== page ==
Not everyone will become a pro rider. Just like not everyone who likes basketball or football gets to play on a professional team, a love or talent for the sport isn't a guarantee of a professional career. Hard work, dedication, practice, being a good representative for yourself and local stores, and a little bit of luck are going to come into play if you want to make it up the ladder of sponsorship to become a pro.
So how did pros like Cooper Klaar (Phoenix), Ray Warner (Epic and Envy), Jon Devrind (Crisp), Kota Schuetz (Lucky), and Brendon Smith (Fasen) end up with sweet pro sponsorships and their own signature products? Here are some tips to help increase your chance of joining this elite group of riders.
How To Get Sponsored
Be Better Than Good
This should go without saying, but no one is going to ask you to represent their freestyle scooter brand if you aren't good at what you do. Practice. Nail your tricks. Be flawless. Then, reach for more. Always be practicing, always be improving, always try to challenge yourself to be better today than you were yesterday.
Spend time with riders who are better than you. Ask them for tips, watch their form, learn from other people. Then, pay it forward. Teach a beginner rider at the park how to do the trick you see them working on. Enter regional comps. Learn, teach, compete, practice, and practice some more.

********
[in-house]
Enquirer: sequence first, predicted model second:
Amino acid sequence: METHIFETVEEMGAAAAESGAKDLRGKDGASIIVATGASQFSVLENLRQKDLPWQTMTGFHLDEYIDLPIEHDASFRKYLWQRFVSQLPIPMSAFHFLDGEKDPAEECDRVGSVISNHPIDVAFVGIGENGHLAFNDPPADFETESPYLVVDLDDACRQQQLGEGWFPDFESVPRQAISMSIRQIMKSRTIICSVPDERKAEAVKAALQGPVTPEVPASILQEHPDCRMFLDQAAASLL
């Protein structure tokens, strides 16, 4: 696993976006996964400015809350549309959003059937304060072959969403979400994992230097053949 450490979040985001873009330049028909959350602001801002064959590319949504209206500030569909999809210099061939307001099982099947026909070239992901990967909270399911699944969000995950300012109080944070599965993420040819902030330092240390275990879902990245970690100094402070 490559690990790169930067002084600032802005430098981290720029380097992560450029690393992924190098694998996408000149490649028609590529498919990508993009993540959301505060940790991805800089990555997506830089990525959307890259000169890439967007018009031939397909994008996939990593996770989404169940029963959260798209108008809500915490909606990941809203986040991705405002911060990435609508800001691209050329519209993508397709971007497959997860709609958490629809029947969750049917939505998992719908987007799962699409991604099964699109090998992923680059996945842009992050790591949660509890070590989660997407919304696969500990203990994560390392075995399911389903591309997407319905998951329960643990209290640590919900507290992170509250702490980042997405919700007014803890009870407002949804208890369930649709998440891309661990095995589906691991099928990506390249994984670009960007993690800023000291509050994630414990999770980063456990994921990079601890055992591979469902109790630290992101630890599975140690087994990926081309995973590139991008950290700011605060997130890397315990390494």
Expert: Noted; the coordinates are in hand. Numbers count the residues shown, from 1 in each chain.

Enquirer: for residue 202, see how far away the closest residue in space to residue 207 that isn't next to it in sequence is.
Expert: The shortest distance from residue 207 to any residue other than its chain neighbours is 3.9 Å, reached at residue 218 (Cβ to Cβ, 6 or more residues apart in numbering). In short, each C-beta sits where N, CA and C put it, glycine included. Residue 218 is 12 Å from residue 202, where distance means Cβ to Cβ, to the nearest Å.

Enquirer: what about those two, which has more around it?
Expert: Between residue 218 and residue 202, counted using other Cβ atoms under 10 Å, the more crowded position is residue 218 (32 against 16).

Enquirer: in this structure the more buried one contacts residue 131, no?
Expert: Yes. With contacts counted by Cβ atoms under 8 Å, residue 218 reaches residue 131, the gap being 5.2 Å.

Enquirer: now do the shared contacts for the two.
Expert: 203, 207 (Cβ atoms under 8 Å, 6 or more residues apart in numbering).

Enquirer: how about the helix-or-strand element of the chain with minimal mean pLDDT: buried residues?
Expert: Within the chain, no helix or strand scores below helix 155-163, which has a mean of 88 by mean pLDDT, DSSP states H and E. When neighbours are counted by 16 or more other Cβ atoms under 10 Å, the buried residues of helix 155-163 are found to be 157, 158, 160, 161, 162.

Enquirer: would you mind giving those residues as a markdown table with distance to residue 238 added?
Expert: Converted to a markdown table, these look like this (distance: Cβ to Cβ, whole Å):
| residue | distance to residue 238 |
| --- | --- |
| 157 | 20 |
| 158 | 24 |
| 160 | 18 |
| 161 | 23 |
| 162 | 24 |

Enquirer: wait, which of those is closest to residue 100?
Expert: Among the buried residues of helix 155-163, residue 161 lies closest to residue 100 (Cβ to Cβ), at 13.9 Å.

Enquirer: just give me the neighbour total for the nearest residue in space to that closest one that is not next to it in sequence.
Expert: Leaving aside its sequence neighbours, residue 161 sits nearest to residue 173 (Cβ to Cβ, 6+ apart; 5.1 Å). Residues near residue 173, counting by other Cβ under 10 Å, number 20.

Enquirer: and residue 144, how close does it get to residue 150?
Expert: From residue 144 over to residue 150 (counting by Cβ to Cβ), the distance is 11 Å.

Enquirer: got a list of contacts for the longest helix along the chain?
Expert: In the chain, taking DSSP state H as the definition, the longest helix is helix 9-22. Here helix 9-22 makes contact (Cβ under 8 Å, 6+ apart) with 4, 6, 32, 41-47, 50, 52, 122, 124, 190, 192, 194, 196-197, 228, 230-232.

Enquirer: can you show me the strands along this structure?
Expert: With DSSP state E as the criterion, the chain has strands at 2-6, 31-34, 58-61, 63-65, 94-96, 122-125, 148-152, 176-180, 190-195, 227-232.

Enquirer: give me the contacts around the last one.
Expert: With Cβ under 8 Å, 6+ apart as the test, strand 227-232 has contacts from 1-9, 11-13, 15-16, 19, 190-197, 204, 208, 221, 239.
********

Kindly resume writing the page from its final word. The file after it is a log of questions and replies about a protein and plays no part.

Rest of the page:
Shop sponsorship is the first stop on the road towards pro sponsorship. Spend time at your local pro scooter shop, and get to know the owners, managers, and employees. Foster a sense of community with these people, don't just go hang around asking for free stuff. Spend time at the parks talking to other riders, find out who already has shop sponsorship, and ask for advice on getting noticed. Go to the competitions, and talk to local shops who are present. Give them the opportunity to see you in action. Get your face seen, your name heard, and begin forming relationships with the people who have made the scooter industry their life.
Act Like a Pro